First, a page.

Huawei moves to overturn 'unlawful' US subsidy ban

Sarah LAI
Huawei has consistently dismissed the security accusations, saying Washington has provided no proof to back them up

Chinese telecoms giant Huawei said on Thursday it has petitioned a US court to overturn a ban that prevents carriers in rural America from buying the firm's equipment by tapping an $8.5-billion federal fund.

Huawei's petition said the ban -- imposed last month against the company and its Chinese rival ZTE on national security grounds -- failed to substantiate claims that Huawei was a threat and was a violation of due process, and thus "unlawful".

"Huawei is a Chinese company. That is (Washington's) only excuse," Huawei’s chief legal officer Song Liuping told a news conference at the company's headquarters in Shenzhen.

The petition to a US appeals court follows a lawsuit filed by Huawei in March that declared a 2019 US defence bill "unconstitutional" for barring government agencies from buying its equipment, services, or working with third parties that are Huawei customers.

The US campaign against Huawei is motivated by fears in Washington that the company is a potential security threat due to the background of its founder and CEO Ren Zhengfei, a former Chinese army engineer.

The concerns have escalated as Huawei has risen to become the world leader in telecom networking equipment and one of the top smartphone manufacturers, and following Beijing's passage of a 2017 law that obliges Chinese companies to assist the government in matters of national security.

Donald Trump moved in May to block American companies from doing business with Huawei, which US officials accuse of violating US sanctions on Iran.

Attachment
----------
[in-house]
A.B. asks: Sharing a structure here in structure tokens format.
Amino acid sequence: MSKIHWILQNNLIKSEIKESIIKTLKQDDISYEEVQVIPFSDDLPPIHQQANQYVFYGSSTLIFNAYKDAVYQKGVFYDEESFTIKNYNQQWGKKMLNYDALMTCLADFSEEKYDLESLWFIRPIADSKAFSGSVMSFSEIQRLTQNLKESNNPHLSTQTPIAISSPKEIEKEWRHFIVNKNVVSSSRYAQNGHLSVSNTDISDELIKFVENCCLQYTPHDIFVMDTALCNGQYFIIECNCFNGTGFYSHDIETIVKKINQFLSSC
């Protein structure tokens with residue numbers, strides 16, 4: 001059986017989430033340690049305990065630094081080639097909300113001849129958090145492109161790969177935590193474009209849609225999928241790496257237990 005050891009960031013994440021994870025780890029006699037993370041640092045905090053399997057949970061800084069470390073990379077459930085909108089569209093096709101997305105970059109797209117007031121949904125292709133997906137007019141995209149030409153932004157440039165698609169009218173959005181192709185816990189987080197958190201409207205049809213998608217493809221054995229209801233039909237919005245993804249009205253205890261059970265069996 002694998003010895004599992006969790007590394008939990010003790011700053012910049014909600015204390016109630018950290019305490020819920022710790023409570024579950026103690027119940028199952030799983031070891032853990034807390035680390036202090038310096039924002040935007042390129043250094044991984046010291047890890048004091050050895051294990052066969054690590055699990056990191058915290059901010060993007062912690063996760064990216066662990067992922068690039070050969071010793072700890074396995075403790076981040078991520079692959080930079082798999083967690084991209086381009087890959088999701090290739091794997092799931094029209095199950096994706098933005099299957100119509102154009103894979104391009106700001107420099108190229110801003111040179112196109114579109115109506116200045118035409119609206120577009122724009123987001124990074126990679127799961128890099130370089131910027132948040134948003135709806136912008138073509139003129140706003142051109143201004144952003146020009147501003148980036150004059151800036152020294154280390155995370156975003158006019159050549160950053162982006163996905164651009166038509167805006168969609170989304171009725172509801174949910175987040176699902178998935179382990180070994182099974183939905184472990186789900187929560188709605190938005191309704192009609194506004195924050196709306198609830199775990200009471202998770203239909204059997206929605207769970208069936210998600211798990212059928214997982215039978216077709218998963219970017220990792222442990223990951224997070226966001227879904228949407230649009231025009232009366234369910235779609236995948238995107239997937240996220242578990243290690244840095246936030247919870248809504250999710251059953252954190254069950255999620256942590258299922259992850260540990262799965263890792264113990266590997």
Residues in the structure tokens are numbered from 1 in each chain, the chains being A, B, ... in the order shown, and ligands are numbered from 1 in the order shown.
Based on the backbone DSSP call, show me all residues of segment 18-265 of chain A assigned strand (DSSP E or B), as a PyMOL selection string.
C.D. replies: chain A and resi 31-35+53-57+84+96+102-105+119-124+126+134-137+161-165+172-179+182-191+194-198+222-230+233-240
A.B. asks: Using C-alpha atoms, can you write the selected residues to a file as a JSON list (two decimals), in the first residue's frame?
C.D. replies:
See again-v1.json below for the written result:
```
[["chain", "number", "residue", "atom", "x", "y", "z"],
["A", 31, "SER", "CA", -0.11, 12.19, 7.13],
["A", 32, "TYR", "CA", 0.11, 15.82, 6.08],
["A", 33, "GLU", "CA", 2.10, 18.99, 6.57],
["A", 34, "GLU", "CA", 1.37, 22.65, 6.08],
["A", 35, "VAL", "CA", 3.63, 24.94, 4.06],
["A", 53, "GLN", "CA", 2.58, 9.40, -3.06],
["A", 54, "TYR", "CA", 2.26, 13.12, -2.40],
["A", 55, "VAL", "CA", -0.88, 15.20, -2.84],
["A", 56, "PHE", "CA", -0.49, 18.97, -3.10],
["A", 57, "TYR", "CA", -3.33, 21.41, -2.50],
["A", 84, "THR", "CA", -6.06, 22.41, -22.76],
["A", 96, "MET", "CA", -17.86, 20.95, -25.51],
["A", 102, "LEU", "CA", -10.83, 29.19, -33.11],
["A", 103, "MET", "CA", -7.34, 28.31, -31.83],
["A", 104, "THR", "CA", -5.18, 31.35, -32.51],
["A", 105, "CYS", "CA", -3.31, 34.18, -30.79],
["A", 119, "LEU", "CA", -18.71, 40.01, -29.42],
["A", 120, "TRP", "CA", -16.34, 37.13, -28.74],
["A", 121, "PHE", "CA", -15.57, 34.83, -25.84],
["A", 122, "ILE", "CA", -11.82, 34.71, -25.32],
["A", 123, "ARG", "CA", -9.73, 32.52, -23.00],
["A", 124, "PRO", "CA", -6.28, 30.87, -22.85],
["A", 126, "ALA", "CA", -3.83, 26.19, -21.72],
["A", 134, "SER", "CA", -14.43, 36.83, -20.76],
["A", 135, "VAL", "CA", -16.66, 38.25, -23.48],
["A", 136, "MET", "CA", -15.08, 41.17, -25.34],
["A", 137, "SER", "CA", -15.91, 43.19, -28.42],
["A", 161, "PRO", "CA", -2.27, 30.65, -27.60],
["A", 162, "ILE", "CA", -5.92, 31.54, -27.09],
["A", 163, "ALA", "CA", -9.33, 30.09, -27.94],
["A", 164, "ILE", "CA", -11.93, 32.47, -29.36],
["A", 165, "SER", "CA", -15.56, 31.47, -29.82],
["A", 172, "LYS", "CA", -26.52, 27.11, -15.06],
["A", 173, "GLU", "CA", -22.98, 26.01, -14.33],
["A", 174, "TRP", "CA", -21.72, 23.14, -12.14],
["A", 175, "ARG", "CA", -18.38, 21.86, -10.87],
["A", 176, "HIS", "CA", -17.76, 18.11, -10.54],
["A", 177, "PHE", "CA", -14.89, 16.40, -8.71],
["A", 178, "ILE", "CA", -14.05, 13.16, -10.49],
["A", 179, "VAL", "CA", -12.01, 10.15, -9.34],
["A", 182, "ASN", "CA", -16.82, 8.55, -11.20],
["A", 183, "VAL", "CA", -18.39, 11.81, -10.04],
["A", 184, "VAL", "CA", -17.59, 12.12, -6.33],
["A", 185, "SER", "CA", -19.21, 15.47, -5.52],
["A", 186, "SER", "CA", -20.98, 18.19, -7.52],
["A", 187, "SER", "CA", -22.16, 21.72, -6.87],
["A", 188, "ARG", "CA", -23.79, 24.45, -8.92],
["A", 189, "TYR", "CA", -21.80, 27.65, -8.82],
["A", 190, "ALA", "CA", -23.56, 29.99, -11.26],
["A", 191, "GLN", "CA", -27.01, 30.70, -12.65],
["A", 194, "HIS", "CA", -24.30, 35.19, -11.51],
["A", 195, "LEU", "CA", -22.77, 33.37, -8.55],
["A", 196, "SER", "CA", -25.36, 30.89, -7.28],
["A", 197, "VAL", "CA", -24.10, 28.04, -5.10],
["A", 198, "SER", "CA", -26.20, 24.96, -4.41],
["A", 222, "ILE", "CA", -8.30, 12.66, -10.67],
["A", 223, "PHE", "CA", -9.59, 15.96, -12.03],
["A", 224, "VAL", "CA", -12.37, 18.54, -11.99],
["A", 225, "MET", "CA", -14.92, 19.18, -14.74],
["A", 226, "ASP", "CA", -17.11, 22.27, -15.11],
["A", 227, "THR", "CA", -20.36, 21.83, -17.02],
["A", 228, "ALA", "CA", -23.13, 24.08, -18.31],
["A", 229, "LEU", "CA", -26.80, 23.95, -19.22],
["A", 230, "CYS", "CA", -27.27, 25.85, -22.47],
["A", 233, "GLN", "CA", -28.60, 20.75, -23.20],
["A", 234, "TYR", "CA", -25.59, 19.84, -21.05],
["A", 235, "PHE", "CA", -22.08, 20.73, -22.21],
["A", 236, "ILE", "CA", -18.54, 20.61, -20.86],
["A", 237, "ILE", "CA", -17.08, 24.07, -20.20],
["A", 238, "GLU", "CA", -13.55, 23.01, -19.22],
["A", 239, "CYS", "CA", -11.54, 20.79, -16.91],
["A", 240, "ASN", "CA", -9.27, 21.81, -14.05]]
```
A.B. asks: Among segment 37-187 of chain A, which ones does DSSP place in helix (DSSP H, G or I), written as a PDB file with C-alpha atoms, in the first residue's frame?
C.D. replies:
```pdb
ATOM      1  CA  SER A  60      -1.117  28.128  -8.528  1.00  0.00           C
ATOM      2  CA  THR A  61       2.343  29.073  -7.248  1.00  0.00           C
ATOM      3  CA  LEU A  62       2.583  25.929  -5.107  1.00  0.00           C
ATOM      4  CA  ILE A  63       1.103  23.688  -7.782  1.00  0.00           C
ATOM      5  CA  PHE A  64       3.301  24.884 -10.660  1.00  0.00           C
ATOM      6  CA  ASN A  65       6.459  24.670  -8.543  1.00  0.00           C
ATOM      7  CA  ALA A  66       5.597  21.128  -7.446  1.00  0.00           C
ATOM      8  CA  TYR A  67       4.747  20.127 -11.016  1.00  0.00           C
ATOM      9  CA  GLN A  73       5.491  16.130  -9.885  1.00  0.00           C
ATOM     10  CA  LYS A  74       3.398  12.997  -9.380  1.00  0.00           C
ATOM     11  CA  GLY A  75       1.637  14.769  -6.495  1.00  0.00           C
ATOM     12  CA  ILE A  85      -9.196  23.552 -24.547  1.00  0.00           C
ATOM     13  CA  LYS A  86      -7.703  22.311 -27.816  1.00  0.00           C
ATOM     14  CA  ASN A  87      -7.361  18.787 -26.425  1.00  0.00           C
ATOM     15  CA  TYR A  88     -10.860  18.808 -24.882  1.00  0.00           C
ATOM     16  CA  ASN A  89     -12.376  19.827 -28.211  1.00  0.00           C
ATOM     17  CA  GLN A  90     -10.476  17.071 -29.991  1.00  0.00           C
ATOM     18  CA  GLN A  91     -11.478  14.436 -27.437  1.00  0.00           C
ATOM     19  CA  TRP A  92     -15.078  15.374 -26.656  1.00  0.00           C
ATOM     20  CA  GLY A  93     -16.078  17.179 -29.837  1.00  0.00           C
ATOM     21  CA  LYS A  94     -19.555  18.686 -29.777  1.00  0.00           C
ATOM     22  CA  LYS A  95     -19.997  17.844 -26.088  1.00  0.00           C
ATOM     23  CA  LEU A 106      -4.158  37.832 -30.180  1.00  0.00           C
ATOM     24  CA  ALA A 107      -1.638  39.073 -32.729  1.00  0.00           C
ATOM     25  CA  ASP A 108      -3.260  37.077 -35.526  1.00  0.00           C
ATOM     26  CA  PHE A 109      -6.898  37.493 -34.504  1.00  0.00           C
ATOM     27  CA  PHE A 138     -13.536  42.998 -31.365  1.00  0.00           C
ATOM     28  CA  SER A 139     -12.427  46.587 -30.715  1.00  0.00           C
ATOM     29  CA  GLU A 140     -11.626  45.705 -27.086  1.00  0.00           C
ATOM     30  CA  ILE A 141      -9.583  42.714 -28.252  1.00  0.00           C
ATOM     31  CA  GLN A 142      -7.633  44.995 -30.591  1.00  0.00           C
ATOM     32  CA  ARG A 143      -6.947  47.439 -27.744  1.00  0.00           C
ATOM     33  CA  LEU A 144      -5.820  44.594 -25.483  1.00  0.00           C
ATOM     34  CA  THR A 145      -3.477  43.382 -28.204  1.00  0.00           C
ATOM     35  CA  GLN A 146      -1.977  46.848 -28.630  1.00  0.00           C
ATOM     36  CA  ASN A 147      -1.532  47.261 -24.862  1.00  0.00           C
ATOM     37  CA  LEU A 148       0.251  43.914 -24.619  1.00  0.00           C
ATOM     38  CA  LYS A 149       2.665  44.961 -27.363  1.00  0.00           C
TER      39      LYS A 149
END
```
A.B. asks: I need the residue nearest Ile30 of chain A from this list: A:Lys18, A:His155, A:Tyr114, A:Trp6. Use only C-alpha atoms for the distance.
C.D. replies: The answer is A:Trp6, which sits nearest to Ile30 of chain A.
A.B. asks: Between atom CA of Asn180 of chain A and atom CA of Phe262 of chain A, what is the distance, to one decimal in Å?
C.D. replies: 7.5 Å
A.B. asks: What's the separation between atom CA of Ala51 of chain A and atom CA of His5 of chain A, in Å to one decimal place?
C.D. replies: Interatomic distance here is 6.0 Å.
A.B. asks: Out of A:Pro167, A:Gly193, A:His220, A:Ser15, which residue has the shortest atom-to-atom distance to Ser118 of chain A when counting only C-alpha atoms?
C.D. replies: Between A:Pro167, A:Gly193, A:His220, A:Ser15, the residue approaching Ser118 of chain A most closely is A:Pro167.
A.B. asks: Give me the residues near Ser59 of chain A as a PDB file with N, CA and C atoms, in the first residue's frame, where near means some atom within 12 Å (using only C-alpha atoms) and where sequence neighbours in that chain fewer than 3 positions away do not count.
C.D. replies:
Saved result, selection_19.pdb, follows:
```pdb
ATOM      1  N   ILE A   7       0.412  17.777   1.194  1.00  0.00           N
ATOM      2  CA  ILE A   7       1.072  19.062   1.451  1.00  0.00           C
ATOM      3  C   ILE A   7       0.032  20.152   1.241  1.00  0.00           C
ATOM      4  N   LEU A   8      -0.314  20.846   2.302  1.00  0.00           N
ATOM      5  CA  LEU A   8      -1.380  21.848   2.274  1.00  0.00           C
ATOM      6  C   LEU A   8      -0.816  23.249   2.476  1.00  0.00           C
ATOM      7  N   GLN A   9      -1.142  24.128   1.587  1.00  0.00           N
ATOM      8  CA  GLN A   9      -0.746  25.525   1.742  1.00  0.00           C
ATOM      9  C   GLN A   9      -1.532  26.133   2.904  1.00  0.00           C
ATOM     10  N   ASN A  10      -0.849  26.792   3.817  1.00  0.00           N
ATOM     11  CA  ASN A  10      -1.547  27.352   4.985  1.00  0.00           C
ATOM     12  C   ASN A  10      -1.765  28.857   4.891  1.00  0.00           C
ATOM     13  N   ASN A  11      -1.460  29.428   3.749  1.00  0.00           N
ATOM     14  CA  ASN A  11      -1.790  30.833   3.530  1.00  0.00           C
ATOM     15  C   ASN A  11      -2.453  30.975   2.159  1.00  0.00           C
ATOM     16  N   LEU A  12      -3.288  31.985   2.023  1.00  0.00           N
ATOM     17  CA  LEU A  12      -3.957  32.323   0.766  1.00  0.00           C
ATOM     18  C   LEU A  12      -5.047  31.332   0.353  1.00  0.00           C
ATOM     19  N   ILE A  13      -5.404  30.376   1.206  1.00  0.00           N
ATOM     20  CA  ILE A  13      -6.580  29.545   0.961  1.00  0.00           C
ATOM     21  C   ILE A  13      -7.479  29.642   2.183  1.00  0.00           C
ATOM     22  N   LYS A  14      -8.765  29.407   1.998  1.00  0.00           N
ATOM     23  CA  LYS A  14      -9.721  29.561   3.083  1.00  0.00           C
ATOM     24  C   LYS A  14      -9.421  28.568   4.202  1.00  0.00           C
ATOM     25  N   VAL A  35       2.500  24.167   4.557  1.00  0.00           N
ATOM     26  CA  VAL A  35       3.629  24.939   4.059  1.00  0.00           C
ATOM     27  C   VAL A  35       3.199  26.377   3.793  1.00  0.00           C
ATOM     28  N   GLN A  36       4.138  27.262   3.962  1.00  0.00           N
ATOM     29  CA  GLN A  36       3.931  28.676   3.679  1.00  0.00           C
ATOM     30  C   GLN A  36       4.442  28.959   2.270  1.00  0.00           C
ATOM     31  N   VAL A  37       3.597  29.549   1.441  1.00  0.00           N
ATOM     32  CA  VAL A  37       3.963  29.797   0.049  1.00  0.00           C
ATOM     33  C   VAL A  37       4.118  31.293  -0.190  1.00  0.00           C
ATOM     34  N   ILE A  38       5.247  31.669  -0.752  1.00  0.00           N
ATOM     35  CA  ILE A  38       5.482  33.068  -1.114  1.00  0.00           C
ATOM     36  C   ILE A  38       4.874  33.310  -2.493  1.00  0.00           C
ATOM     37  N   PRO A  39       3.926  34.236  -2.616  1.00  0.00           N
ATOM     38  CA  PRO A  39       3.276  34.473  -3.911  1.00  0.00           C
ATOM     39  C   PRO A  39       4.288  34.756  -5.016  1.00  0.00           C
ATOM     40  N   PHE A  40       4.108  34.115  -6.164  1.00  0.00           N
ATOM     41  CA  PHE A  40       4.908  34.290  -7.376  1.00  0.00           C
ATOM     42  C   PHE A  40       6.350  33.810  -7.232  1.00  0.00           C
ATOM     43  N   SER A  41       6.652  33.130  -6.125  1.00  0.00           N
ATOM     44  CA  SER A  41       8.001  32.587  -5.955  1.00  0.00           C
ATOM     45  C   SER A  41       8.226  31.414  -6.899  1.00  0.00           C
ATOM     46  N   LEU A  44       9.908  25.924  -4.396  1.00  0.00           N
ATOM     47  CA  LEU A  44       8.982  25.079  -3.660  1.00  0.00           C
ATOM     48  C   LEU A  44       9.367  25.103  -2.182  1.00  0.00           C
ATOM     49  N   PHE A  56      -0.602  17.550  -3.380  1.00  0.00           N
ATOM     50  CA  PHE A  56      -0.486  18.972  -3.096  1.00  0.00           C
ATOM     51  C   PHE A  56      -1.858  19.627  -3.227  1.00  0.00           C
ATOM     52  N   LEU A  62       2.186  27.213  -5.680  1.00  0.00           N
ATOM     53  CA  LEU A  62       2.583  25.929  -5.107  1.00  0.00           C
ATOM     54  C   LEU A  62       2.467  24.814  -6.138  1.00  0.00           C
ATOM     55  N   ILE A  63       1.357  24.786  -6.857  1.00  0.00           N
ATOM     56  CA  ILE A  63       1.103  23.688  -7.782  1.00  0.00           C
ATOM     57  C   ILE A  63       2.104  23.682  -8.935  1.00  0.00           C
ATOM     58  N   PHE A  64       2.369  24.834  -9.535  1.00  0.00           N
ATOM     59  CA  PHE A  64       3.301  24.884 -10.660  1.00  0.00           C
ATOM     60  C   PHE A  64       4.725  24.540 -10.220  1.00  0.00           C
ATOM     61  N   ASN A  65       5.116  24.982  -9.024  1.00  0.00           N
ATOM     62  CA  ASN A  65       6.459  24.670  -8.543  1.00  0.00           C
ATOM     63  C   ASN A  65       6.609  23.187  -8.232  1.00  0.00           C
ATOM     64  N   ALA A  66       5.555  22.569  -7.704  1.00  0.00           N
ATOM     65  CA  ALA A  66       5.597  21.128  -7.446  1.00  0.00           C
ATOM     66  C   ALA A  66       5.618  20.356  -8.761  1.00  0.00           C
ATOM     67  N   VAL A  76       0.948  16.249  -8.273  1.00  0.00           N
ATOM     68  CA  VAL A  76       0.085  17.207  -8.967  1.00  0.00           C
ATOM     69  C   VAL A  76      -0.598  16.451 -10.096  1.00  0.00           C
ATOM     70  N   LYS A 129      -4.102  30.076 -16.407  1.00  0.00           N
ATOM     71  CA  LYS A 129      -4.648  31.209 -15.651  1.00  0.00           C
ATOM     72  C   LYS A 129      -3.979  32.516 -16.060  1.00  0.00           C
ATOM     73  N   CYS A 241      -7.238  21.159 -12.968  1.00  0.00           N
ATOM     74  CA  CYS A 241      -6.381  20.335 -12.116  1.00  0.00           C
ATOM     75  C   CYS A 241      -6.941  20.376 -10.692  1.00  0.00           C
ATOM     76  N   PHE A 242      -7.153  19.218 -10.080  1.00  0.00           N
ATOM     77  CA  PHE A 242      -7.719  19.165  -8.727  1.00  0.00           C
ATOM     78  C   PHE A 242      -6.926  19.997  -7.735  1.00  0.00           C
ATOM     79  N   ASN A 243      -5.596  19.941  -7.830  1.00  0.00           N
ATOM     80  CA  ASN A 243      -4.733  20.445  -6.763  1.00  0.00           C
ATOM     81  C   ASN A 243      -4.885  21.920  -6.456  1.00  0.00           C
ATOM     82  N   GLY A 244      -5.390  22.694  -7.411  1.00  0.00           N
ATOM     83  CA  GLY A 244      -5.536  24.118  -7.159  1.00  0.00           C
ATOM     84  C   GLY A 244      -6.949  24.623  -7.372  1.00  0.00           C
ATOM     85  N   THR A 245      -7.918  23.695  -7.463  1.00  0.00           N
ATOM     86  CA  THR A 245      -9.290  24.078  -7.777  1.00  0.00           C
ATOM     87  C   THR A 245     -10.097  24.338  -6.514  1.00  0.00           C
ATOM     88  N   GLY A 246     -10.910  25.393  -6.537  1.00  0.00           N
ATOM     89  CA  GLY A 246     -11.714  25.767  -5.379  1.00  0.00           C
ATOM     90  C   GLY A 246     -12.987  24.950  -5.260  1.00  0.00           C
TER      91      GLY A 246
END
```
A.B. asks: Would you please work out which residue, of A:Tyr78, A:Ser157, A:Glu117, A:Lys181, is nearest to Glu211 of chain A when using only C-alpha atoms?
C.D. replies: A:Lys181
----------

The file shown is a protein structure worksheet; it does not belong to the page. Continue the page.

But Trump has offered a series of temporary reprieves for Huawei to allow service providers covering remote rural areas time to comply with the ban.

- 'No proof' -

Huawei has consistently dismissed the security accusations, saying Washington has provided no proof to back them up.

In imposing the subsidy ban last month, US Federal Communications Commission (FCC) Chairman Ajit Pai said Huawei and ZTE "have close ties to China's communist government and military apparatus", and were thus a threat to national security.

The FCC also proposed that telecom service providers be required to cancel or replace existing services and equipment obtained from the two Chinese companies.

The Universal Service Fund is used to subsidise telecommunication services and equipment mainly in rural areas of the United States, a market where Huawei gear has established a presence despite growing US pressure on the company.

Song said the FCC failed to present any evidence to prove its assertion that Huawei was a threat and "ignored" Huawei submissions to the contrary.

Huawei says the ban will hinder connectivity in rural parts of the United States and harm American consumers.

ZTE came close to collapse last year after American companies were prevented from selling it vital components over its continued dealings with Iran and North Korea.

Trump later allowed ZTE to resume imports under tough conditions.

Huawei's chief financial officer, Meng Wanzhou, who is also Ren's daughter, was arrested in Canada last year and is now fighting extradition to the United States on fraud and conspiracy charges tied to US sanctions.